TheMercenary  Tuesday Nov 18 10:57 PM

I feel a good natural disaster coming on. Who is next? seriously.

ZenGum  Wednesday Nov 19 12:51 AM

Yeah, it's been a while.

This could be a thread, like the celebrity death thread. All tip where, what kind of disaster, and death toll.

Out of the blue, I'm going to say, earthquake, South America under the Andes, mmmm Peru, 6,000 dead.

spudcon  Wednesday Nov 19 01:19 AM

I say Iran, at one of their nuke arsenals, before January 20th.

classicman  Wednesday Nov 19 10:03 AM

yeah while trying to launch it on a russian or chinese missile/rocket that fails.

classicman  Wednesday Nov 19 10:04 AM

Guess I'll have to take the Asian Tsunami - 28,634 dead.

ZenGum  Wednesday Nov 19 06:42 PM

Just from memory, I thought the tsunami (a) killed about 250,000, ten times your number, and (b) already happened, so is ineligible for the "next disaster tipping contest".

Carry on.

Clodfobble  Wednesday Nov 19 09:20 PM

San Francisco earthquake. 7,400 dead.

classicman  Wednesday Nov 19 09:56 PM

well allrighty then, I'll take another NATURAL disaster. Ice cap melts and kills you! There now you're dead and can't tell me I'm wrong. Pbblllttt!

ZenGum  Thursday Nov 20 12:03 AM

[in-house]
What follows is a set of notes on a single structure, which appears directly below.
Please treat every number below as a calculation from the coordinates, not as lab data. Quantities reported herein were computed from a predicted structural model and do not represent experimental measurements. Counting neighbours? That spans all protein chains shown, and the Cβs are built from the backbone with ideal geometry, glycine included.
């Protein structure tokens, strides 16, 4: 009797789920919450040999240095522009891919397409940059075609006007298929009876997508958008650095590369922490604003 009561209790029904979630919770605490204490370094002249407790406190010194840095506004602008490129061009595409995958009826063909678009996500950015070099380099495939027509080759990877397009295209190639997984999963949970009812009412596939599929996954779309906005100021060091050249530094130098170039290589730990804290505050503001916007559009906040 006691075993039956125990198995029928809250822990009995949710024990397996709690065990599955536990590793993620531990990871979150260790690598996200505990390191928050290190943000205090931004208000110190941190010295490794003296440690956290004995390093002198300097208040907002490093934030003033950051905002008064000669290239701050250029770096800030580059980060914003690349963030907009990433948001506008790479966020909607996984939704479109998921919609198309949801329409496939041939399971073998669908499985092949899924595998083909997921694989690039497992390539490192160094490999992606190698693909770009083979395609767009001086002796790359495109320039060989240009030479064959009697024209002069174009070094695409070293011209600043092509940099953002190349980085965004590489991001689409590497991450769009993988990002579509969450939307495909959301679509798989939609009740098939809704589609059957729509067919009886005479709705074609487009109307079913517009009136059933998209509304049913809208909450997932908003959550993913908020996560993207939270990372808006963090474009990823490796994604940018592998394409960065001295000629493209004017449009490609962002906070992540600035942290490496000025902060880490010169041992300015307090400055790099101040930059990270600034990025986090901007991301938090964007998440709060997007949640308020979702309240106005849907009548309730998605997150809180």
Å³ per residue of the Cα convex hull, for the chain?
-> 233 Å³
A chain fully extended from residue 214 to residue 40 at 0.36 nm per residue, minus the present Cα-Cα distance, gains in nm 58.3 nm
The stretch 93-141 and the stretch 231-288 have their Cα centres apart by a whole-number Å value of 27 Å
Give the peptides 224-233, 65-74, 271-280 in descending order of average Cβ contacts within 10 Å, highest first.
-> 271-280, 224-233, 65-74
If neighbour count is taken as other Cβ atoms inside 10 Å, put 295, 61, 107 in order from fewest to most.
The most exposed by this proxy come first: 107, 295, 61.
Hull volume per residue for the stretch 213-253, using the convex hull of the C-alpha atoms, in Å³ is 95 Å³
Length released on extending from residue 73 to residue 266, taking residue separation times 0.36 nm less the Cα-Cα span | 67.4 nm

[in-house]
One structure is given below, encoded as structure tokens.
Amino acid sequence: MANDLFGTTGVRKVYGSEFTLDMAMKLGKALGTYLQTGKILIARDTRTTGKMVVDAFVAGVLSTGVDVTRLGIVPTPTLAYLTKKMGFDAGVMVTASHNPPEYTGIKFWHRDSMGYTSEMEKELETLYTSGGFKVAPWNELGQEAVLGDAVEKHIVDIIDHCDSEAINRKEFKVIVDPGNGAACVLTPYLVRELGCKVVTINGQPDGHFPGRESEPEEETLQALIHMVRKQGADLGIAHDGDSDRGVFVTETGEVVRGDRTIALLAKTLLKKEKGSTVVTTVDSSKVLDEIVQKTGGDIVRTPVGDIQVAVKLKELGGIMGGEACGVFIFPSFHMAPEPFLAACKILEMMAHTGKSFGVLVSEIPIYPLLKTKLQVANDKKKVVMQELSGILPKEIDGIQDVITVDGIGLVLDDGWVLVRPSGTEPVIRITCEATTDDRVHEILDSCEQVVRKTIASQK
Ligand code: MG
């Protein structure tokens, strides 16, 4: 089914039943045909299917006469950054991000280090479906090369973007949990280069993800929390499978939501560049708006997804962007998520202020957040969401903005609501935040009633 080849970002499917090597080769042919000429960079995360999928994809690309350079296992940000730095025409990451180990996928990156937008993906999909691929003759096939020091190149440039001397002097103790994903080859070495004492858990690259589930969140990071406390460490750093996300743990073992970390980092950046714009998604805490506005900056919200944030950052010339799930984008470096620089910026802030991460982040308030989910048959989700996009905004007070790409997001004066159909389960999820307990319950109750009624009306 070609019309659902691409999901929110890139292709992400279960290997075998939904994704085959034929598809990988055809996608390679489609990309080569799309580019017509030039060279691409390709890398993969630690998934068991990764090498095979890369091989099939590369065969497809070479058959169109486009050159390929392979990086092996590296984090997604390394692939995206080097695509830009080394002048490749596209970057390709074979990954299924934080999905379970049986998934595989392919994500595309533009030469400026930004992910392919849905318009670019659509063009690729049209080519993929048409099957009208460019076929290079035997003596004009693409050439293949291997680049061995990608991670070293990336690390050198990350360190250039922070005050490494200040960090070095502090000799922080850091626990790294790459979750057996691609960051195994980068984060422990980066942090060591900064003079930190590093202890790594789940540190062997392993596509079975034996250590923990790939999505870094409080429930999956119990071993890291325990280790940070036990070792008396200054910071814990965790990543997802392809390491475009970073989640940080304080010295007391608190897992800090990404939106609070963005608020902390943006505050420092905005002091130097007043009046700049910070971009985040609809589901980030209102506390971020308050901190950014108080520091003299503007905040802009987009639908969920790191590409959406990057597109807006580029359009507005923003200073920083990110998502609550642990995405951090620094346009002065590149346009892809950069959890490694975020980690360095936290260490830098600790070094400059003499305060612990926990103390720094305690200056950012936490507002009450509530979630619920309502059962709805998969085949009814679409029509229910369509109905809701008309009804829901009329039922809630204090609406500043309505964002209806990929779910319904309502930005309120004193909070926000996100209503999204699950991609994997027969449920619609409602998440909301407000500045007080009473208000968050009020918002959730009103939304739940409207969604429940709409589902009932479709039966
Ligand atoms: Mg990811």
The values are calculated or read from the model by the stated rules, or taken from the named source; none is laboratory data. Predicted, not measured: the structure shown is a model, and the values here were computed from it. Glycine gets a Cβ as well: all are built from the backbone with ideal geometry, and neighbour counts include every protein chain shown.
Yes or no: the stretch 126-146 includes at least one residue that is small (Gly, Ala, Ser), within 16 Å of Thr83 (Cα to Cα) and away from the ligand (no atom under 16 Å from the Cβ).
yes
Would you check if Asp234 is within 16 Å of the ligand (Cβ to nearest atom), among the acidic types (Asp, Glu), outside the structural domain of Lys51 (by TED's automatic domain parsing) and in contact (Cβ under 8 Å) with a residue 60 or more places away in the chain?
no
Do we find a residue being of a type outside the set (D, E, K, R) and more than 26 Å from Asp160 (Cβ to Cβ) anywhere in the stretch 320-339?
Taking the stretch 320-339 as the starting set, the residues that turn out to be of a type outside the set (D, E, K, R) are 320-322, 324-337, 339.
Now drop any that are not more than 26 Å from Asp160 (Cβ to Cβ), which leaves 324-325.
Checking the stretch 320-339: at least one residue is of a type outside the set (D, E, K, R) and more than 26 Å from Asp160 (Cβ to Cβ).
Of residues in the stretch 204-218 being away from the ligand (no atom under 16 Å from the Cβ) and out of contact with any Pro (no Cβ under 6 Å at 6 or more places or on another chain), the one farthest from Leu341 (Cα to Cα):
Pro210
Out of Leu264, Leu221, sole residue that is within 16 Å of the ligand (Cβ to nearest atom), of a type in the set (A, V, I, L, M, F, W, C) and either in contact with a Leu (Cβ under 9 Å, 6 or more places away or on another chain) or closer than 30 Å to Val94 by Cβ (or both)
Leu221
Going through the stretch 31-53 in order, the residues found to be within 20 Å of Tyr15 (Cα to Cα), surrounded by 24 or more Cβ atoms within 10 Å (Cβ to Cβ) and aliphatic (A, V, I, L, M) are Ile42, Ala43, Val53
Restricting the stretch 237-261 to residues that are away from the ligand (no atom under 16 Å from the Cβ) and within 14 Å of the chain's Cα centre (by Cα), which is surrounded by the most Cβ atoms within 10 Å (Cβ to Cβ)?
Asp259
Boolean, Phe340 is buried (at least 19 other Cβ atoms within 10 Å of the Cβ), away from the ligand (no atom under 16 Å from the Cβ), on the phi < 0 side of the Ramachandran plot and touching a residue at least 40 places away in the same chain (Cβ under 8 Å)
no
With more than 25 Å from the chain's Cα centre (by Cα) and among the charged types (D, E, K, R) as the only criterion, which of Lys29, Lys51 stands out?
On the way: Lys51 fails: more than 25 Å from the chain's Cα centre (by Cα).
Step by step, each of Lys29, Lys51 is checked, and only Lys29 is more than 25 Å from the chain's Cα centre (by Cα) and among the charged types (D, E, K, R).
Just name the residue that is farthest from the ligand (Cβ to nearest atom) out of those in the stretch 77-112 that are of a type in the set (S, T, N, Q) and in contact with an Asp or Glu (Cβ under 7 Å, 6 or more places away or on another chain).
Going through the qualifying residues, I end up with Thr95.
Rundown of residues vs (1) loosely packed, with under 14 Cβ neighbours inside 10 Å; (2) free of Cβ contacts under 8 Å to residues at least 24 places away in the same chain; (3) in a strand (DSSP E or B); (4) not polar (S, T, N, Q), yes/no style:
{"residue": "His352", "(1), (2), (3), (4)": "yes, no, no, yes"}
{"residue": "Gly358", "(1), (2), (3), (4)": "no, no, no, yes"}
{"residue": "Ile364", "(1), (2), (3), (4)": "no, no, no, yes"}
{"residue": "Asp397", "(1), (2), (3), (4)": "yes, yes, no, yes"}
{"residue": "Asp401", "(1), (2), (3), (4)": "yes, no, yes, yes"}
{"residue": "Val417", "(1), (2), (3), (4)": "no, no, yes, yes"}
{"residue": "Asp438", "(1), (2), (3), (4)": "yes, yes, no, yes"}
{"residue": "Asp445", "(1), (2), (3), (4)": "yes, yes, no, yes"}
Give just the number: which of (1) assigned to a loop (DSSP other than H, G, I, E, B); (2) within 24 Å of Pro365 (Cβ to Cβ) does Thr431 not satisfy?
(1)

Ahh, but what caused the ice cap to melt. If it was anthropogenic, you're disqualified. Again. :p

HungLikeJesus  Thursday Nov 20 12:16 AM

What caused the ice to melt was about 144 Btu of heat input per pound of ice melted.

ZenGum  Thursday Nov 20 07:45 AM

Here's an interesting question. If all the ice-caps melt, ocean levels would rise by about 150 meters.

How many Dwellars' dwellings would that flood? Is your house under 150 meters (roughly 500 feet)? Mine is.

xoxoxoBruce  Thursday Nov 20 08:01 AM

We ain't afraid of no stinkin' meters.:p

Pico and ME  Thursday Nov 20 09:10 AM

Im gonna be like Lex Luther and start buying up properties that are just a bit off shore.

Undertoad  Thursday Nov 20 10:02 AM

27% of the Netherlands is below sea level.

/fun fact

Pico and ME  Thursday Nov 20 10:08 AM

Along with nearly 10 million of its citizens...:p

HungLikeJesus  Thursday Nov 20 10:36 AM

I'll be above water.